Malganis7
by on July 9, 2019
21 views
Rules for being a successful DM.
Plan well, but understand your players will ruin you.
Something that I found out, almost an excursive of human nature, is the art of a table. The table holds your group, their personalities come to play and can sometimes conflict. However, if they can't unlock a door or figure out your ingenious puzzle, you best be ready for combat. That group of sewer trash and street misfits will one-shot your God of Destruction faster than you can say, "Power Word Kill."
A great example of this is a personal one. I created a beautiful encounter...an undead-dragon sorcerer - a Dracolich - and a possessed gnome. The group took their stances and was ready to fight. A Minotaur Druid, a Revenant Bloodhunter, and a Dragonborn Paladin drew their weapons, and the fight music started. The Dragon attempted to reason with the group his combat with the gnome warlock had taxed him, and he was trying to do good. While the gnome was trying to sow chaos. Chaos....that word, the group generally thrived on it and...they follow it's beck and call.
The Dracolich went first and lifted off the ground, prompting an opportunity attack from the paladin. Mind you, he had no weapon other than his smites and fists. Smites are a channeled source of divine essence that augment attacks that make paladin's very unique and fun classes to play. In this instant...Siatma entered combat. Without alerting our band of adventurers, I simply asked the man to roll to hit. A natural 20 sounded on the table....with divine smite and a plus +1 to attack. With the critical, the paladin punched the Dracolich for near 124 damage...but wait we are just getting started.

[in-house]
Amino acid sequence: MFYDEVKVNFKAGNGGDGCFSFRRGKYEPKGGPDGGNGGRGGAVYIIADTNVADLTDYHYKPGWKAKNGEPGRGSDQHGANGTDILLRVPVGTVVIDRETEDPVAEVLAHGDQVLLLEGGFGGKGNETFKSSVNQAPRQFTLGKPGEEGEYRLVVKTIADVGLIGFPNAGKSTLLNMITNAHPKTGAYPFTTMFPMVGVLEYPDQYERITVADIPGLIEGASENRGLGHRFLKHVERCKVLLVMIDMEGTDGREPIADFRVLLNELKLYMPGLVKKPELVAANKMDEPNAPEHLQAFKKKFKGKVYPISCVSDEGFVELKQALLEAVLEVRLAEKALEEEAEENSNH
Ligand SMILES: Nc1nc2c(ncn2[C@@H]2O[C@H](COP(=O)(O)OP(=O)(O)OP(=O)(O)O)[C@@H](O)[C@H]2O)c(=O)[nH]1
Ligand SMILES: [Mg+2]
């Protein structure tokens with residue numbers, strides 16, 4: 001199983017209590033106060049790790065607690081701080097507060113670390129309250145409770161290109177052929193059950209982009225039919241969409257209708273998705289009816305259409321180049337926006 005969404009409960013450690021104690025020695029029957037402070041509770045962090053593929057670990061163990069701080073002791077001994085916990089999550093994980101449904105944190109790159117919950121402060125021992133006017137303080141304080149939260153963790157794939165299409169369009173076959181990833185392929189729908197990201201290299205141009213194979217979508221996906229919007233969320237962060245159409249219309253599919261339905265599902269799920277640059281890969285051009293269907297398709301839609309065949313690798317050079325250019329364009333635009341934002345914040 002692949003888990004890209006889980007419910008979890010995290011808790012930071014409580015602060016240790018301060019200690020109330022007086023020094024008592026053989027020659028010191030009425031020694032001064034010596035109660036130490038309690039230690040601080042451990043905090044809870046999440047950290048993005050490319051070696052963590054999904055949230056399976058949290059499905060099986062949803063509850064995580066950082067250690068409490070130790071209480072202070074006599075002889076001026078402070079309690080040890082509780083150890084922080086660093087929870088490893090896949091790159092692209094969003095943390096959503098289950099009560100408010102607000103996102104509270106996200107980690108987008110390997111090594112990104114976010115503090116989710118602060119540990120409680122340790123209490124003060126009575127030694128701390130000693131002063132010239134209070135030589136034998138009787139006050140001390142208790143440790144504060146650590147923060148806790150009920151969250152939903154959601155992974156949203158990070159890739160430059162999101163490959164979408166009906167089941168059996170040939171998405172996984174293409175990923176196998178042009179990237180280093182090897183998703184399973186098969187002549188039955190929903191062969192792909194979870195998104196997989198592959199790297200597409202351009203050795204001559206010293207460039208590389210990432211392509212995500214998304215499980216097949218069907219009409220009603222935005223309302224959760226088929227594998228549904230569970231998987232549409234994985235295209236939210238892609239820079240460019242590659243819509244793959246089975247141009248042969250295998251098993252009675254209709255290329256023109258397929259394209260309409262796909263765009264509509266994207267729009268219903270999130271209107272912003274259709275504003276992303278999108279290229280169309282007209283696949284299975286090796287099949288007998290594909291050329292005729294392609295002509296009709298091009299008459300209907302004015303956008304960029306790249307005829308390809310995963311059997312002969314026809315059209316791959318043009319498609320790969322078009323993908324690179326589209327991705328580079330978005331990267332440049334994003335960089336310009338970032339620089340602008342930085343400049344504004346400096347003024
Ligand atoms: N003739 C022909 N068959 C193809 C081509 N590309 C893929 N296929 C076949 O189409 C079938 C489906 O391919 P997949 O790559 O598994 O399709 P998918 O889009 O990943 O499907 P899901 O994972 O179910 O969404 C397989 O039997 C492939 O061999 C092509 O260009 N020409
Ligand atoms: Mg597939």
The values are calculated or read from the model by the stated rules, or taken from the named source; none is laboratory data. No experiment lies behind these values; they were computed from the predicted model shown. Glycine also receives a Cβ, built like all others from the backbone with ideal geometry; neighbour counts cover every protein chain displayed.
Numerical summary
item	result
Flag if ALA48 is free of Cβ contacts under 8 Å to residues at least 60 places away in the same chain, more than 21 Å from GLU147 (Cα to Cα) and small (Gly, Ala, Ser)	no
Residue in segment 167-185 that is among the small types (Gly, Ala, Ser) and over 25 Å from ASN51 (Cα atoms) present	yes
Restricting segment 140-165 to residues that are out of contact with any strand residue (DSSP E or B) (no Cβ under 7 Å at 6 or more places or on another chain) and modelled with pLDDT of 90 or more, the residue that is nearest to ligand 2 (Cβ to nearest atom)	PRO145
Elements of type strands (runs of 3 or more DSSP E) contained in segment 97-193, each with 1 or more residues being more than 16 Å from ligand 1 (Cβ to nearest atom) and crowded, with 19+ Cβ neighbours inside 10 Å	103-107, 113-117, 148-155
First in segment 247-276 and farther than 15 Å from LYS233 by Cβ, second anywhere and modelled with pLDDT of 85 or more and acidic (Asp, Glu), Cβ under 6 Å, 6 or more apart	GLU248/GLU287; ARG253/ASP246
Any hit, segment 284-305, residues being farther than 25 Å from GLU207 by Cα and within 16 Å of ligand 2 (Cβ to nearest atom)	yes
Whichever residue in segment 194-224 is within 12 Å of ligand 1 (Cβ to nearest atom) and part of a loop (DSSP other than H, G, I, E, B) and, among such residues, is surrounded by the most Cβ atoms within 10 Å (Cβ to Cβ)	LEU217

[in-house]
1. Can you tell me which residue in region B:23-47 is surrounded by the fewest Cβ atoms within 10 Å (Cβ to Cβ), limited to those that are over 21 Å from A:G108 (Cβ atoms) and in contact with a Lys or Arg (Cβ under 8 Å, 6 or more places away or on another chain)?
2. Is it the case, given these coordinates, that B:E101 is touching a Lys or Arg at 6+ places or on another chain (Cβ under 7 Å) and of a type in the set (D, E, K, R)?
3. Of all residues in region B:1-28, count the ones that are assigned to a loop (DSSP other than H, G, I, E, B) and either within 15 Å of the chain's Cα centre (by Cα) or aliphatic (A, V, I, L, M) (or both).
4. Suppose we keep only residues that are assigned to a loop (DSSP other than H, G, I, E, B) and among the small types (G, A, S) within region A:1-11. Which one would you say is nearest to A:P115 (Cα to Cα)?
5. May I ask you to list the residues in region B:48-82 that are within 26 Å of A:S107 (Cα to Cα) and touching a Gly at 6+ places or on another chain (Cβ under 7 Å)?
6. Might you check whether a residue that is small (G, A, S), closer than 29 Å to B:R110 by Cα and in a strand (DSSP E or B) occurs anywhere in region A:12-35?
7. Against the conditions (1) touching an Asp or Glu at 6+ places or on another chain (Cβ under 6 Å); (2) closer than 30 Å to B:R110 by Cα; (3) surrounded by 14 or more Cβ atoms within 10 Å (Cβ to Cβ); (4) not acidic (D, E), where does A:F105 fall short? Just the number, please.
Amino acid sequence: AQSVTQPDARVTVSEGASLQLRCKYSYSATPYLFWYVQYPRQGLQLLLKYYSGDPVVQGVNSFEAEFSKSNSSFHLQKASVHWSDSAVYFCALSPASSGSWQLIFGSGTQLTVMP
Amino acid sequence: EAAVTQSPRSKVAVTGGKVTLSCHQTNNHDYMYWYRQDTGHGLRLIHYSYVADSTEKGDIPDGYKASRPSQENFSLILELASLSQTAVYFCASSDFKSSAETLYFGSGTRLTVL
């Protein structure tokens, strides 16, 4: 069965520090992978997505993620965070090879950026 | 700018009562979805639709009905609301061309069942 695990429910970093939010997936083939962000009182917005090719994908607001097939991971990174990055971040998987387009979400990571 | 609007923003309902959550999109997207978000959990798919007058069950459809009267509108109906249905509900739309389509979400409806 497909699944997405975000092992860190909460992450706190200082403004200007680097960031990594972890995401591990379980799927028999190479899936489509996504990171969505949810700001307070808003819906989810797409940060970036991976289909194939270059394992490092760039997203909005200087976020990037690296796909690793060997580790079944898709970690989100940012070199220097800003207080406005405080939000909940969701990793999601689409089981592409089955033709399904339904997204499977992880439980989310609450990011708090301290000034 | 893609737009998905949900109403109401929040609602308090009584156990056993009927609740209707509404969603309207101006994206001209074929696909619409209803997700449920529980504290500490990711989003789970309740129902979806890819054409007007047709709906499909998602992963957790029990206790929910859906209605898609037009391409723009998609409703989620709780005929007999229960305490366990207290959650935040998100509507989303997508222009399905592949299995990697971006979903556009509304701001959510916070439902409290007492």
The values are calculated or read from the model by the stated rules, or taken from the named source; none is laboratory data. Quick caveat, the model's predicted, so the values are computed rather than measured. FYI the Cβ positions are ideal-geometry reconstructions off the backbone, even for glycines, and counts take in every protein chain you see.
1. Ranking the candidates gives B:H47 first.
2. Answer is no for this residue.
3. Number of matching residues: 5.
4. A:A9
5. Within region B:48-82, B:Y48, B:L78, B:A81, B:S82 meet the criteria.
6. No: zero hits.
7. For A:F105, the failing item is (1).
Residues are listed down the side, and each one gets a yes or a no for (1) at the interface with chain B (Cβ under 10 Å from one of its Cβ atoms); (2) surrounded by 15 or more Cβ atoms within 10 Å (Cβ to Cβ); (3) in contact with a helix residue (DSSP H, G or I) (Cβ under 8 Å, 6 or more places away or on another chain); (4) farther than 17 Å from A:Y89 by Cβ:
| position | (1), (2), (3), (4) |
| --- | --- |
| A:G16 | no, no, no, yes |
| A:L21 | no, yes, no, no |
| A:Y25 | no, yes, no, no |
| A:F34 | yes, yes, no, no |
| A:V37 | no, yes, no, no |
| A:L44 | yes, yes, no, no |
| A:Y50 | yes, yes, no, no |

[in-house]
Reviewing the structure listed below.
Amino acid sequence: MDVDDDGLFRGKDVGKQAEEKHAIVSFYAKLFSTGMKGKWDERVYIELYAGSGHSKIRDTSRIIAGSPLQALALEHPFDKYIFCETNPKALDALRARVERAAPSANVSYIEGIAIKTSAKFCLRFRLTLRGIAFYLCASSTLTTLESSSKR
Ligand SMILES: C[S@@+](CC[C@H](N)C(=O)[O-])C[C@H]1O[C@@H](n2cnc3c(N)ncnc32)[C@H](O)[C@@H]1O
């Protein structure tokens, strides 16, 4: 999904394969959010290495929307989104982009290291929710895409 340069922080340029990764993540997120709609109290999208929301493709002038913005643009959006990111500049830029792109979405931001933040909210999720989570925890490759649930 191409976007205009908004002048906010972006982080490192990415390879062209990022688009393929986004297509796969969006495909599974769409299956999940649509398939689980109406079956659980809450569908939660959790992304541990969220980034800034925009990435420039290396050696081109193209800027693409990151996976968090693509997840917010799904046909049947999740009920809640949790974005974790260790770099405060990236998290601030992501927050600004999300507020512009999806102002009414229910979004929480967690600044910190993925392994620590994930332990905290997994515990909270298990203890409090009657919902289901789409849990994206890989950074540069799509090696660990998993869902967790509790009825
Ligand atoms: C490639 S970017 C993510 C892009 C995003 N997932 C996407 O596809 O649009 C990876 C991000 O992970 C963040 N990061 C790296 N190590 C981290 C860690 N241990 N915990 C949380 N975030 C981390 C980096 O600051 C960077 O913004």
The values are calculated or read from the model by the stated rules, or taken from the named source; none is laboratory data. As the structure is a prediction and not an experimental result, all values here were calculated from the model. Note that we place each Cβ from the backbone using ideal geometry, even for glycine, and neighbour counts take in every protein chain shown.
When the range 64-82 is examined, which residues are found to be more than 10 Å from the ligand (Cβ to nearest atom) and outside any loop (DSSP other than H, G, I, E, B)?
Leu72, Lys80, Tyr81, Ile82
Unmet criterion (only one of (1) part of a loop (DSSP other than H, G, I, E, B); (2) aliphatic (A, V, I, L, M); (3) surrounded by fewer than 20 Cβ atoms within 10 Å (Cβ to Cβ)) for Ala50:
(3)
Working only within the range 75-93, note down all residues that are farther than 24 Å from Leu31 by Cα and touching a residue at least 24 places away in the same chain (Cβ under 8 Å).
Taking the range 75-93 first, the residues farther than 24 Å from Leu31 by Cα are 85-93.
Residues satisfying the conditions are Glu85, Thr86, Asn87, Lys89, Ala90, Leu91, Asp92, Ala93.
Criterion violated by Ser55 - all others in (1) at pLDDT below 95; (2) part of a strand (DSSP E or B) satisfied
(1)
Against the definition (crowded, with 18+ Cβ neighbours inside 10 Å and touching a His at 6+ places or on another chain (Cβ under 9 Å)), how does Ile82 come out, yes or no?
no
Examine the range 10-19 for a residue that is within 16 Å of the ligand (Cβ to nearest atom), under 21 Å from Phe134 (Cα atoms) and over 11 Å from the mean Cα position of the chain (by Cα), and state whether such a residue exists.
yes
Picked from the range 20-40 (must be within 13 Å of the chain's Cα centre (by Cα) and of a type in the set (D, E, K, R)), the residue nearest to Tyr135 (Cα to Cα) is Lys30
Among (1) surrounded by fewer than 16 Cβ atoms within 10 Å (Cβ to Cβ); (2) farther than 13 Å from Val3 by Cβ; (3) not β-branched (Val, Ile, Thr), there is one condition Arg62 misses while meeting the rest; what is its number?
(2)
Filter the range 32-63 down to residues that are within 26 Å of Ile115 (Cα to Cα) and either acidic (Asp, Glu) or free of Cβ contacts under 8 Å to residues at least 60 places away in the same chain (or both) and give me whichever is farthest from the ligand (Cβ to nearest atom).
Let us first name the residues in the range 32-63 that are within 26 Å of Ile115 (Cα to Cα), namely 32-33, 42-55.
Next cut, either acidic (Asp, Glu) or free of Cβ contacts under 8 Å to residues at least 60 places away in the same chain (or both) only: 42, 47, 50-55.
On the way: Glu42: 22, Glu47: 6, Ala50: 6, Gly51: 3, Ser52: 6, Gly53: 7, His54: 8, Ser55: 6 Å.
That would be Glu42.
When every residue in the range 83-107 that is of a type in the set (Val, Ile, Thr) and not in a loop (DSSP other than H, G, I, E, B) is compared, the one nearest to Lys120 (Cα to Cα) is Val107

I had made overpowered monsters with glass skin to allow easy of a time of combat and to challenge the players. This case Nidhogg, the Dread Eater, had a weakness or vulnerability to radiant damage. The Dracolich's health sat around a rough 324, and the final damage of quadruple damage off of one punch KOed it.
THAT'S A LOT OF DAMAGE.
You're right flex seal man. That was a lot of damage, so much so...I had to clap.
I blinked and laughed. That was fate, and the dice were in charge.
The moral of the story is don't get mad if the player finds a way to cheat the game. It's going to happen, but be prepared to show them...it's your dungeon. The next stage of combat slowly went to the gnome's court, who transformed into a mighty demon lord.
Rin, the Herald of Jarraxas. Bonus points if anyone knows the reference.
A gnome is usually below three feet tall. The Herald grew to a whopping fourteen feet tall and wings that shot her way beyond the twenty-foot mark. The paladin then had the smug remark, I am gonna punch it too. Does a 19 hit? Nope. The sheer look of terror on their face was priceless.
Rin fought valiantly but was eventually reduced to a pile of sludge caused by a team effort.
Better luck next time, Jarraxas.
So again, it's okay to fail, and it's okay to let players have fun. However, if you do not stop them from what is called "murderhoboing," then things can go south very quickly.
Show that their actions have consequences. The consequences of not listening to the Dracolich was they didn't find out they had been duped and were being used by the villain of the campaign. In fact, I tried to tell them that in the beginning.
Last fact.
If you want to cause, your whole group to run away from the table, except the bravest of heart. Don't pull out dragons, beholders, or the dreaded Tarasque...now simply put a deck of cards on the table. Speak in riddles of horror and fortune ask if anyone would like to know their future?
Be the first person to like this.